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The coming of new IGP

Posted: Apr 24, 2015 at 12:10 am   /   by   /   comments (0)

Section 215 (3)  of the Constitution and Sections 9 (4, 5) and 10 (1, 2) of the Police Act should be amended to remove operational control of the police from the President and return it to the IG who is a professional

Nigerians were again on Tuesday greeted with the announcement of the name of a new Inspector General of Police, IGP, Arase, Ehigiator Solomon. President Goodluck Jonathan had sacked former IG, Suleiman Abba, for reasons left to conjecture, thus making Abba’s tenure the shortest since Nigeria’s independence.  He was appointed IG on August 1, 2014 and was sacked on April 21, 2015. The coming of Arase brings to four the number of IGs whom Jonathan’s administration has worked with within four years.

The manner of Abba’s removal was shocking, essentially because there were no reasons given for it. Newspaper reports merely speculated that his removal could be linked to the high-powered intrigues which characterised this year’s general elections. We do not question the integrity of the new IG, but we are concerned about the turnover of holders of that esteemed position in Nigeria. Arase is noted to be a fine police officer with an impressive pedigree. His name was even previously suggested as one of those that could succeed Mohammed Abubakar, but he lost the post to Abba. Until his appointment, he was the DIG in charge of the Force Criminal Intelligence and Investigation Department. He holds Bachelors and Masters Degrees in Law, Political Science and Strategic Studies and he is also a Fellow of the Nigerian Defence College. With these imposing credentials, we do not doubt his competence. But we believe that certain things are still missing around the Nigeria Police Force.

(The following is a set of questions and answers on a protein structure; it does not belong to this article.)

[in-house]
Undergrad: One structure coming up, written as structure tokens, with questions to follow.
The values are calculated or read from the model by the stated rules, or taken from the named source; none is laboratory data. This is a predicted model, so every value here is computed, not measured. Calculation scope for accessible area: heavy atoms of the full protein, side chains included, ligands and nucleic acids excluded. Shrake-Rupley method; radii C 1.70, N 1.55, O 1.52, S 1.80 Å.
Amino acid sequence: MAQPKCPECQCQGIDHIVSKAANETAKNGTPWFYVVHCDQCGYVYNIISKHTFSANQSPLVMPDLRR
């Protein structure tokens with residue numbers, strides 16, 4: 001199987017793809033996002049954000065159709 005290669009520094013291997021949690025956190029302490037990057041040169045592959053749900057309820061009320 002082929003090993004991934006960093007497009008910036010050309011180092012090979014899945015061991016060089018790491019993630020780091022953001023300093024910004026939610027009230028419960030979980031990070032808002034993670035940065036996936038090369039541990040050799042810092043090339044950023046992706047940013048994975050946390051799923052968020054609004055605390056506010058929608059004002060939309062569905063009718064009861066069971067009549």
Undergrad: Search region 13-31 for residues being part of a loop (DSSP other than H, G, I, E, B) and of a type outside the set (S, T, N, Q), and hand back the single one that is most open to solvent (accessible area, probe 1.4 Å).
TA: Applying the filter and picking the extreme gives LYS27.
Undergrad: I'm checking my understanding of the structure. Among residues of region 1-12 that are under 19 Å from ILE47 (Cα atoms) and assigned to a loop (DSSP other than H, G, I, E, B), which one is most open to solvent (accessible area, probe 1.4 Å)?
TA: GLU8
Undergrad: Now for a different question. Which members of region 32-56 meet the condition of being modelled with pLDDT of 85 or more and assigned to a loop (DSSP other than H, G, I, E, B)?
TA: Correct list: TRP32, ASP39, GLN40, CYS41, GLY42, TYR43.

There is an urgent need for Nigeria to insulate the police from politics. This absolute power of firing an IG by the President is not healthy for the nation. An IG should hold allegiance to the country only and we strongly suggest that the IG should have a tenure, for that is the only way to save him from the whims and caprices of the president. Abba’s removal is suspect though, as it is happening just at the twilight of this administration. Now, how sure are we that the in-coming administration will retain him as IG, since it is customary for every new government to appoint its own IG.

If Arase is retained by Buhari’s administration, which is what we suggest for the sake of continuity, it could be a confirmation that Nigeria is on her way to practical reengineering. Then, the new president should call for a constitutional amendment that will make the police accountable to Nigerians only. Section 215 (3) of the Constitution and Sections 9 (4, 5) and 10 (1, 2) of the Police Act should also be amended to remove operational control of the police from the President and return it to the IG who is a professional.

The duplication of ministries around the police should be addressed. There is the Ministry of Interior; Ministry of Police Affairs; Ministry of Internal Affairs and; even, there is the Police Service Commission, as well as the Police Council.

Mohammed Abubakar brought some sanity into the police force during his tenure. He scrapped police check-points and prepared a Code of Conduct for the force, which Abba also used. Arase should continue from there and at the same time seek to strengthen community policing and reduce corruption in the force.